Fair enough. Public scandal—and that’s what the witness of nominal Catholics who support abortion is—deserves public correction. There probably is a place for a Bishop making a clear and public example of some of these thorns-in-the-side.
But I was struck in a recent conversation by a statement a friend made: These people are unrepentant in their sin. They deserve to be publicly chastised and excommunicated, for the sake of the faithful. I’ll leave that decision to the wisdom of the Bishops—but it strikes me that there’s a little bit of the Pharisee in that comment, a bit of equating sin with sinner. A bit of Thank you God that I am not as other men.
I think of some of the sins that I struggle with on a daily basis, ones that best me every time I encounter them, the ones I go back to the confessional again and again, saying I’m sorry, only to turn around and do them over and over yet again, returning again in defeat for another round of grace. They are not so notorious as publicly opposing the Church in her teaching on life, nor perhaps so serious as the obstinate, post-baptismal refusal to accept church teaching—but sins they are, even so. And they separate me from God, perhaps not as greatly but just as surely, as any other.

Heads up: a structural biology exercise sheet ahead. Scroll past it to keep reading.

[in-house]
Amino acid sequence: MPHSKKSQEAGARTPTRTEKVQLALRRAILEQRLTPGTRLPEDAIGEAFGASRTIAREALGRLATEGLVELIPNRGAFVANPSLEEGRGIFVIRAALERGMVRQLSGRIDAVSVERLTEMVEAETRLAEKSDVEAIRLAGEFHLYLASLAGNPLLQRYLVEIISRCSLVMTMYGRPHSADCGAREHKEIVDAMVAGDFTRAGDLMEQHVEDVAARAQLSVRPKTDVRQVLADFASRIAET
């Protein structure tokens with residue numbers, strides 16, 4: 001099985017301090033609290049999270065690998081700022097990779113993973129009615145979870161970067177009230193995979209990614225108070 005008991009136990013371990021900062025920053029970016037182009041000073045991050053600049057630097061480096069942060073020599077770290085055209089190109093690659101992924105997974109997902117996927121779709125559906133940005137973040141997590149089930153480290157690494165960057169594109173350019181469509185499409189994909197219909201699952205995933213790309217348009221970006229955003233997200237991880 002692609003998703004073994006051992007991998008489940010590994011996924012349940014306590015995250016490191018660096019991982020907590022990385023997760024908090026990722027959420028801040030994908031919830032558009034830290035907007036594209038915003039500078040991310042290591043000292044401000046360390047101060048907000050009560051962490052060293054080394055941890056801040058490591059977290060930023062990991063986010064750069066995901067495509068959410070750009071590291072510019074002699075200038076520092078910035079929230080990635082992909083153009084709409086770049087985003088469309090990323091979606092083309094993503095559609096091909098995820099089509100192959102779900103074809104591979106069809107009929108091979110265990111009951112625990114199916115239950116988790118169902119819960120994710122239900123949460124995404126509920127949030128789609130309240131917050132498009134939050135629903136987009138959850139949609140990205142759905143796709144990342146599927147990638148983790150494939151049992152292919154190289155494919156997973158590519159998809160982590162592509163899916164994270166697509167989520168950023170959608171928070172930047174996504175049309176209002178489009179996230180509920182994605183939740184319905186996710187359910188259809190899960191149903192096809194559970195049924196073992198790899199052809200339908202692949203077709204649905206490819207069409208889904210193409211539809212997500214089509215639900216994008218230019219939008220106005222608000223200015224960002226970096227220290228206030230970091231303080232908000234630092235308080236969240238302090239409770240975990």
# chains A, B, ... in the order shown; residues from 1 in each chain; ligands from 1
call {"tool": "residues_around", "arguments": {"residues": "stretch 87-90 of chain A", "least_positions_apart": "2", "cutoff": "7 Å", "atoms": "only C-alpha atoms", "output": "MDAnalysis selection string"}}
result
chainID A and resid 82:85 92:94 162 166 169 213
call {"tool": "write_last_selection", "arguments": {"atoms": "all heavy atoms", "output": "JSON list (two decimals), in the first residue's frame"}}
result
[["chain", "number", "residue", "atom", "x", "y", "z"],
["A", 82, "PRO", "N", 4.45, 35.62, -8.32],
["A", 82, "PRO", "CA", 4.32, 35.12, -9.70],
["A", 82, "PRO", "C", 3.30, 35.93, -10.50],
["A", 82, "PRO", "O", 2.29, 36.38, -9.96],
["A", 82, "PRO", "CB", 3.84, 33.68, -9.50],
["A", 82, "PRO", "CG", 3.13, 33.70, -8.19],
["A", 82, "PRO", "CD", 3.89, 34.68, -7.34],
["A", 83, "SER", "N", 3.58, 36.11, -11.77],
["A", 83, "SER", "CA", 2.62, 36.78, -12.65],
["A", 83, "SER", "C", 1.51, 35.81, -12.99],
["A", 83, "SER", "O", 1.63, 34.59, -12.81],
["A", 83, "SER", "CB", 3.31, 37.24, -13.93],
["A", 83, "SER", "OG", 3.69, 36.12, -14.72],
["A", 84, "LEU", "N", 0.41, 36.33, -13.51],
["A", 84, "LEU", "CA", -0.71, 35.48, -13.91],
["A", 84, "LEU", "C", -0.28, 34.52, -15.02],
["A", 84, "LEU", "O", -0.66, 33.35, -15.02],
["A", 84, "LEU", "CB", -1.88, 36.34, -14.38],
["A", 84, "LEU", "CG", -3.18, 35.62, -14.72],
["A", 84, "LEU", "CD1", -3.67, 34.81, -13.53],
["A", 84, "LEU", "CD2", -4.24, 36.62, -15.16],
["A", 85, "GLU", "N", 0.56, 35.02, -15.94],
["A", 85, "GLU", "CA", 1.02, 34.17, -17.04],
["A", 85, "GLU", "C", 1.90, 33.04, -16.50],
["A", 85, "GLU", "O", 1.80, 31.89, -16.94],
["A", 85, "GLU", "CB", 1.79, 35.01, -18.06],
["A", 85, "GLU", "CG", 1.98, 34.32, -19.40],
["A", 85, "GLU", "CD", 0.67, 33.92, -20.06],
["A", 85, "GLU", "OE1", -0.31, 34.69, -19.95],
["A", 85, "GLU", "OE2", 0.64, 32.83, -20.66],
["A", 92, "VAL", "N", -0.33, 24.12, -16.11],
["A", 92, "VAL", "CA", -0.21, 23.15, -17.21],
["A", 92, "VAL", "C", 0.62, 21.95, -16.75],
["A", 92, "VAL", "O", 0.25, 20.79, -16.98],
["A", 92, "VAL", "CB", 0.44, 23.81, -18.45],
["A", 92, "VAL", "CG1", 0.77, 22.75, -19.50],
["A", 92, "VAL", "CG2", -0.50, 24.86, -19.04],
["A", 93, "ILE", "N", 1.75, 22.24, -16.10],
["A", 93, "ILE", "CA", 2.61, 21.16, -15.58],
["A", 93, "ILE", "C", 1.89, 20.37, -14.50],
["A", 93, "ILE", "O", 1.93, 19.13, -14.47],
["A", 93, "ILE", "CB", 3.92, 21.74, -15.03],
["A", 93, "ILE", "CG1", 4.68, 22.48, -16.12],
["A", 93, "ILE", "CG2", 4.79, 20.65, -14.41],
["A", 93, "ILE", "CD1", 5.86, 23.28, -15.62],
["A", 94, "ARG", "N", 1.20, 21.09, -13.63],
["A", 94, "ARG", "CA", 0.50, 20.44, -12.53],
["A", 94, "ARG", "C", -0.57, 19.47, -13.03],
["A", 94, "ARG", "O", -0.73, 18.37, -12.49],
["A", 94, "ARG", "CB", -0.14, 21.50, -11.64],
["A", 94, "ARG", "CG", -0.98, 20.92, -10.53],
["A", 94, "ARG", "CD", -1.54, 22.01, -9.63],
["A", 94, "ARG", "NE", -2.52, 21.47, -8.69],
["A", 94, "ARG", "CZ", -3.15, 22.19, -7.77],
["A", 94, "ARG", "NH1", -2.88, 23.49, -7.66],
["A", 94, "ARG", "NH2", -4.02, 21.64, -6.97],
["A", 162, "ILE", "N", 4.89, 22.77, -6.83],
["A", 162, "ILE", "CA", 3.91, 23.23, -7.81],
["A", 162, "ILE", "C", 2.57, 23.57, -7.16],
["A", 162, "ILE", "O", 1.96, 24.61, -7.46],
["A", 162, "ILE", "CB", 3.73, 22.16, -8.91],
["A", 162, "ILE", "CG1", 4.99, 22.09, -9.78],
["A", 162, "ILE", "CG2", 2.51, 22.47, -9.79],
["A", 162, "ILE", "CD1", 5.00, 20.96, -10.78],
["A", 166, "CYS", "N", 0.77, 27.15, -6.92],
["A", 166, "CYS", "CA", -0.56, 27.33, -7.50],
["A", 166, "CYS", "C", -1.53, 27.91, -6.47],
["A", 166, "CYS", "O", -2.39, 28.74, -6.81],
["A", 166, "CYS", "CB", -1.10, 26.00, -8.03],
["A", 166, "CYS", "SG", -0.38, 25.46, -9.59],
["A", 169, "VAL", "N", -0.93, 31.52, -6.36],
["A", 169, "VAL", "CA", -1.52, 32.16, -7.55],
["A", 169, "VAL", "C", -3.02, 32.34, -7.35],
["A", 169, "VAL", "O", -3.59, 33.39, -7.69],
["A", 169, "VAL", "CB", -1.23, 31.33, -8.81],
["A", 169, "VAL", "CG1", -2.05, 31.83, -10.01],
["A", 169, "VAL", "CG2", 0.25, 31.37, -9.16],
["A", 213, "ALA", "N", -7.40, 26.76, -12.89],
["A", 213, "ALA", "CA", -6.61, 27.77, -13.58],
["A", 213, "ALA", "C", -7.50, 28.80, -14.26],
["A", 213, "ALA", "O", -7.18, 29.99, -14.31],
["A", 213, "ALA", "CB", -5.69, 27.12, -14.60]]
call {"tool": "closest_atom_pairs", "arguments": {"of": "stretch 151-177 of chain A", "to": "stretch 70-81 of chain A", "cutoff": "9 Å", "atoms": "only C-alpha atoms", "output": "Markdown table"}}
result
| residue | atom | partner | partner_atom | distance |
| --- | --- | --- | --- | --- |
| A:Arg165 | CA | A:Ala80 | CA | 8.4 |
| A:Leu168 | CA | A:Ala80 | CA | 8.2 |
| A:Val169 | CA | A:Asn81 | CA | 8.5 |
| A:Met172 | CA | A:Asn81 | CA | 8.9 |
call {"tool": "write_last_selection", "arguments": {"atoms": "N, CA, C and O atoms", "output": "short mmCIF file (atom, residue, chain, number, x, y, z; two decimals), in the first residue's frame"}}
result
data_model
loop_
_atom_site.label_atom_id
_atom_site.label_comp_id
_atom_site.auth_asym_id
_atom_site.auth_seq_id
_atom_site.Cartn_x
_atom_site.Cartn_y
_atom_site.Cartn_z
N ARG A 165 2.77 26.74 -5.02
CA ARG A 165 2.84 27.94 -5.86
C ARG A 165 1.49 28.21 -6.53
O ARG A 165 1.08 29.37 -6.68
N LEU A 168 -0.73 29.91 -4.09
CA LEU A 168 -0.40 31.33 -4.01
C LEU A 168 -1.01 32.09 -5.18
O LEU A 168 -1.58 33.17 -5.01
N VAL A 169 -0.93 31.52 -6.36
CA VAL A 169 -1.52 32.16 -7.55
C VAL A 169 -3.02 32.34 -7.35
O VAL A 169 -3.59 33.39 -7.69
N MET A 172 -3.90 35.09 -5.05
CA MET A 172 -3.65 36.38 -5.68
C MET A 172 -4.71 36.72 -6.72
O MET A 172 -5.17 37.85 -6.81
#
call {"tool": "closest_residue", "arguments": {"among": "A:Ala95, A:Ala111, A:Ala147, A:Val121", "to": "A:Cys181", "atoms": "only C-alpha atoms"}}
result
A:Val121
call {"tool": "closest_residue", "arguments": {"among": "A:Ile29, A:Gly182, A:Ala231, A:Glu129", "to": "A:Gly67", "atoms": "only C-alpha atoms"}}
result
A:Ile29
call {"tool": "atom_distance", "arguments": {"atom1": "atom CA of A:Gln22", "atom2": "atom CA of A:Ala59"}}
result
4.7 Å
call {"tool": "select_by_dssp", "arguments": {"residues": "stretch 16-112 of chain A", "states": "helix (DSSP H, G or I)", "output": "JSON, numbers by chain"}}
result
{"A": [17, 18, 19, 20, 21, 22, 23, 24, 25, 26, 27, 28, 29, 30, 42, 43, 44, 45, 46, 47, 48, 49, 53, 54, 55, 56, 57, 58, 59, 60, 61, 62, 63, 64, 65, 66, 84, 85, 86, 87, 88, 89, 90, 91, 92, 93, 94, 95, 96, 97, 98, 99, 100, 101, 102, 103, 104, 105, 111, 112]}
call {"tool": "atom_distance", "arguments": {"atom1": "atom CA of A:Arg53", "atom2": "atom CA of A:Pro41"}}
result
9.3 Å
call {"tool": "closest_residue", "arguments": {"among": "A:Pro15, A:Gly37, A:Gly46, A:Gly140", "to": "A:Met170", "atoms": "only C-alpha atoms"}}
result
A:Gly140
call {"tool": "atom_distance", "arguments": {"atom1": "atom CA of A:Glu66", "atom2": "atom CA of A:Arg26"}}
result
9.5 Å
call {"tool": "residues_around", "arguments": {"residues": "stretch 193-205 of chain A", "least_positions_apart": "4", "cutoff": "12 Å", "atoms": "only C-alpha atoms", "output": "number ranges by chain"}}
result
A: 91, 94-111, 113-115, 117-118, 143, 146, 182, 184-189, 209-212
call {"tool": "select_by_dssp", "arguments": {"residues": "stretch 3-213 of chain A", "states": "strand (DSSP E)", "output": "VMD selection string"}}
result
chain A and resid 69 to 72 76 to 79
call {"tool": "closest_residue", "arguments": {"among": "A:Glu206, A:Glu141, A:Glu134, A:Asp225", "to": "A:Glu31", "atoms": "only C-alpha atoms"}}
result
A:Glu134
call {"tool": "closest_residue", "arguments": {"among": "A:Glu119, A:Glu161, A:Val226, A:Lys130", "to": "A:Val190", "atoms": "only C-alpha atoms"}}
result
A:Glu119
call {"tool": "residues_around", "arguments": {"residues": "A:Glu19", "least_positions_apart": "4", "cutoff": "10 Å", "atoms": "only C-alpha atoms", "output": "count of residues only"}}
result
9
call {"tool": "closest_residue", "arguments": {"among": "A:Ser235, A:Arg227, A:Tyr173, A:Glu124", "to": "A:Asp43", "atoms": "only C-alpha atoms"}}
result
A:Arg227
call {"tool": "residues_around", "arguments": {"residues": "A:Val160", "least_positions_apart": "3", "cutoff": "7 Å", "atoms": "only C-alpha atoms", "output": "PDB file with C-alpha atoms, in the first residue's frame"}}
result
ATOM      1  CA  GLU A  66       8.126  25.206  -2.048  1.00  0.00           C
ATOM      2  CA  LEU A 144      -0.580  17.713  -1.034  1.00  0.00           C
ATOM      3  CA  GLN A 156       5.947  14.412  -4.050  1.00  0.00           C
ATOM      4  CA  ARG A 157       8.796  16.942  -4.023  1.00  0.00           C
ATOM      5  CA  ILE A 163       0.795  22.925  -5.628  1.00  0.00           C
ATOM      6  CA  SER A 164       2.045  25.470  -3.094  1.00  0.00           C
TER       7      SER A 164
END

That tax collector may well have gone back to tax collecting the next day, a slave to that sin as I am a slave to mine, anguished in heart, knowing full well that what he did was wrong. Maybe that tax collector knew full well that it was his weakness and sin—his attachment to favor? to wealth? to power?—that kept him where he was, and maybe he knew just how powerless he was to defeat those particular demons. Perhaps his prayer of humility was also one of despair: Have mercy on me, for I am not able to change myself!
And he may have come back to that temple again and again, days,weeks, months, years, in that anguish, asking for mercy, hoping for grace and strength. How long did it take, how many prayers, before the private man, the man praying in such humility in the temple, became manifest in the public man who was such a notorious sinner? Maybe it never happened; if it did, it’s certain that some never saw it.
It’s important to understand right and wrong, faithfulness and heresy. It’s important to raise voices against injustice and correct error. It is important to oppose sin, especially visible and pervasive sin passed off as government policy. It’s important to remember that correcting the sinner is a spiritual work of mercy.
But it’s also important to remember we never know who is standing unnoticed in the back of the church, eyes downcast, asking for mercy at the same time we are calling down judgment. It’s important to make sure we aren’t standing in the front of the Church loudly declaring Thank you God, that I am not like other men.
For indeed—sometimes we are.